###### Objectives

- Practice visualizing vector addition
- Use vectors without explicit coordinates

This is a section full of worksheets. Each is a division of its own, via the `<worksheet>`

element. This is a necessary initial `<subsection>`

to the current `<section>`

, since we will have multiple worksheets. In practice you might want to rip out all the worksheets of an entire book and bundle them up as an “activity book.”

If you make PDF output you will notice an increased amount of control over layout. Also, with the command-line argument

-stringparam latex.draft yes

there will be visual indicators of prescribed whitespace.

- Practice visualizing vector addition
- Use vectors without explicit coordinates

This two-page worksheet was generously donated to the sample article by Dave Rosoff at a CuratedCourses workshop in August 2018. It has the default (skinny) margins.

It was known to Euclid, and probably earlier, that the midpoints of the sides of any quadrilateral all lie in the same plane (even if the vertices of the quadrilateral do not). In fact, these midpoints are the vertices of a parallelogram, as pictured in Figure 29.1.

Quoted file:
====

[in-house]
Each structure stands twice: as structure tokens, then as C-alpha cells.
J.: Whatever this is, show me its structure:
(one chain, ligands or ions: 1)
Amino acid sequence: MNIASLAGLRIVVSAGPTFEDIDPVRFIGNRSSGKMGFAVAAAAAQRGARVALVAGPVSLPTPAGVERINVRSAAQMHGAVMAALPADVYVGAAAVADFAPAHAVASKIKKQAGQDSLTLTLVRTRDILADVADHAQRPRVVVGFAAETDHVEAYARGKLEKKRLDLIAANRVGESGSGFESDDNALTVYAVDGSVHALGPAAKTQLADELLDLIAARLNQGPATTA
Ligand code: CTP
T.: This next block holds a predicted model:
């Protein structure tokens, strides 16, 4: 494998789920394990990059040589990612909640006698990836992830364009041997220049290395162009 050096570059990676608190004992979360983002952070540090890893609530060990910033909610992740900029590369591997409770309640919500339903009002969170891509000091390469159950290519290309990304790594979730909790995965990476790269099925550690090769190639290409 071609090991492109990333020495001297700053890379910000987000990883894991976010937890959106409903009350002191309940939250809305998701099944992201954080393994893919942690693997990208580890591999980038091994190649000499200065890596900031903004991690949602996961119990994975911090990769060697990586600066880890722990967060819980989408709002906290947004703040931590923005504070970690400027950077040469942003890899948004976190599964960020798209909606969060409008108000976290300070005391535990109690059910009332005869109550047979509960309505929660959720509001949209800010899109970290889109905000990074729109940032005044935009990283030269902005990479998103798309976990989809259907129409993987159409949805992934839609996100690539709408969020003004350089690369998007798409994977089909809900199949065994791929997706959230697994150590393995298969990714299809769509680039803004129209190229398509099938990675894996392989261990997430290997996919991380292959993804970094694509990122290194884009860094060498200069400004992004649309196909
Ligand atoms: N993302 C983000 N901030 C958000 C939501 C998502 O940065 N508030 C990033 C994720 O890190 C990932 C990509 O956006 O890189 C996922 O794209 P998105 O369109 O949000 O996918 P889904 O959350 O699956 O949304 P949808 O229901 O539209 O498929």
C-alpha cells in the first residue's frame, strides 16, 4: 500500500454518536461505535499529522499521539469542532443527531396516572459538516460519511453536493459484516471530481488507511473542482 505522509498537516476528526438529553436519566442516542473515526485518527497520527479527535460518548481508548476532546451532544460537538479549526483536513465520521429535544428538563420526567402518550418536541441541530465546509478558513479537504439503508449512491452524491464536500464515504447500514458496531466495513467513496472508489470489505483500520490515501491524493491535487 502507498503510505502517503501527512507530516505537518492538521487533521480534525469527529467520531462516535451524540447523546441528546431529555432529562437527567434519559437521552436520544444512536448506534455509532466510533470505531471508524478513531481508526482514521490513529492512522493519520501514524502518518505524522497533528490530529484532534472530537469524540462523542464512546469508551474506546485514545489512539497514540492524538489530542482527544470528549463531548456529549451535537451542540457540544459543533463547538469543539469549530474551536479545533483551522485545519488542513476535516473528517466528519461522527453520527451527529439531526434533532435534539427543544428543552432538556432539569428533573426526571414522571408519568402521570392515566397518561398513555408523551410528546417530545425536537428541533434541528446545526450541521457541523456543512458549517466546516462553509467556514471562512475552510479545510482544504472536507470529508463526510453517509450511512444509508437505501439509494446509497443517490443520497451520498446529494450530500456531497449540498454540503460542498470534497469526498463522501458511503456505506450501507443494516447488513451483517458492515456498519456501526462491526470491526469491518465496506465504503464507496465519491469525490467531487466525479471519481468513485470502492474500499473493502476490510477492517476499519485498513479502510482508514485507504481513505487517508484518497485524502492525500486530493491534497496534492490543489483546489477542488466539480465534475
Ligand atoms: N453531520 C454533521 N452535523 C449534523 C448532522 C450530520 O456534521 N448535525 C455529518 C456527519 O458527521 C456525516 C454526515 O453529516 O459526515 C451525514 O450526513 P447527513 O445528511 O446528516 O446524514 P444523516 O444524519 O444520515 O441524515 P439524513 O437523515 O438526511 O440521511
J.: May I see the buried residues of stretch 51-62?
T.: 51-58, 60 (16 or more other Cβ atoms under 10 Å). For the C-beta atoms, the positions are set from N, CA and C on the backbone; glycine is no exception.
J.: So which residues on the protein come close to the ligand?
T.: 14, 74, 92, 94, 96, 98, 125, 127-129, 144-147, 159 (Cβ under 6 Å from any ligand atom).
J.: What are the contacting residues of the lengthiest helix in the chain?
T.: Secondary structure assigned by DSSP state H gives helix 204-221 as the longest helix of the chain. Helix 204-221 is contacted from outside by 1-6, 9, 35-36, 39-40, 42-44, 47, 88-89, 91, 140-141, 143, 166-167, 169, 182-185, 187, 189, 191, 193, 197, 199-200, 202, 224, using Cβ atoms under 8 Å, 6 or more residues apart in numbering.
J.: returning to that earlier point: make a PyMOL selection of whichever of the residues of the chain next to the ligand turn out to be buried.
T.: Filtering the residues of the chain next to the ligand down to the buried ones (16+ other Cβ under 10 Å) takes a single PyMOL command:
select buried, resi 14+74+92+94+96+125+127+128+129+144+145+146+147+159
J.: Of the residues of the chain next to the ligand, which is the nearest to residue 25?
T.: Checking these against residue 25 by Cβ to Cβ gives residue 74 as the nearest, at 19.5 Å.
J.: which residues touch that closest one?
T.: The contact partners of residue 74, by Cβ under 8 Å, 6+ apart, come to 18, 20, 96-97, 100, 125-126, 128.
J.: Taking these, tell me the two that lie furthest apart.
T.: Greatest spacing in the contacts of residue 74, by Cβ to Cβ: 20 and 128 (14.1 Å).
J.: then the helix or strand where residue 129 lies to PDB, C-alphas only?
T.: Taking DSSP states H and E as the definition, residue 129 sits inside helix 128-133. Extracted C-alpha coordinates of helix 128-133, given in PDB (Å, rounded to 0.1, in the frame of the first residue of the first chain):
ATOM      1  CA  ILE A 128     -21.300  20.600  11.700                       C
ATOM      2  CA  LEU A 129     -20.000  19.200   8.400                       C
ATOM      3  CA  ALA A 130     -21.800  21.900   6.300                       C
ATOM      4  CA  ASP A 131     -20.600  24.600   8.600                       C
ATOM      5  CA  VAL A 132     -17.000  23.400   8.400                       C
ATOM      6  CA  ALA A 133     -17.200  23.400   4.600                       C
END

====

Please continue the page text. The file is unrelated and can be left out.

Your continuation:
In this exercise, we'll use vectors to show that the medians of any triangle (Figure 29.2) intersect at a point. Recall that medians are the lines connecting the vertices of the triangle to the midpoints of their opposite edges, as in the figure. We'll do this in a few steps.

What is the value of \(\vec{A} + \vec{B} + \vec{C}\text{?}\)

Figure 29.3 from the previous page is reproduced for your convenience.

Show that \(\vec{M}_{1} + \vec{M}_{2} + \vec{M}_{3} = 0\text{.}\)

To show that the point \(P\) exists (as the common intersection of the \(\vec{M}_{i}\)), show that

\begin{equation*}
\vec{A} + \frac{2}{3} \vec{M}_{3} = \frac{2}{3} \vec{M}_{2} = \underline{\hspace{4.545454545454546em}}\text{.}
\end{equation*}

If you have time, try to devise a vector proof of Euclid's result presented at the beginning of the workshop. Recall that a parallelogram is a four-sided polygon whose opposite sides are parallel.

It's possible to do interesting things with vector arithmetic in a coordinate-free way: we didn't specify an origin, or any entries of any vectors in the examples.

This two-page worksheet was generously donated to the sample article by Virgil Pierce at a CuratedCourses workshop in August 2018. It has default (skinny) left and right margins, but we have specified longer top and bottom margins, with the top being the larger of the two.

The current through a resistor is proportional to the ratio of the *Voltage* to the *Resistance*

\begin{equation*}
I = \frac{V}{R}
\end{equation*}

Or for our purposes

\begin{equation*}
I R = V
\end{equation*}

The sum of the currents in a network meeting at a point is zero.

\begin{equation*}
\sum_{k=1}^n I_k = 0
\end{equation*}

For the circuit below \(I_1 + I_2 = I_3 \text{.}\)

The sum of the voltages around any closed circuit (or subcircuit) is zero.

\begin{equation*}
\sum_{k=1}^n V_k = 0
\end{equation*}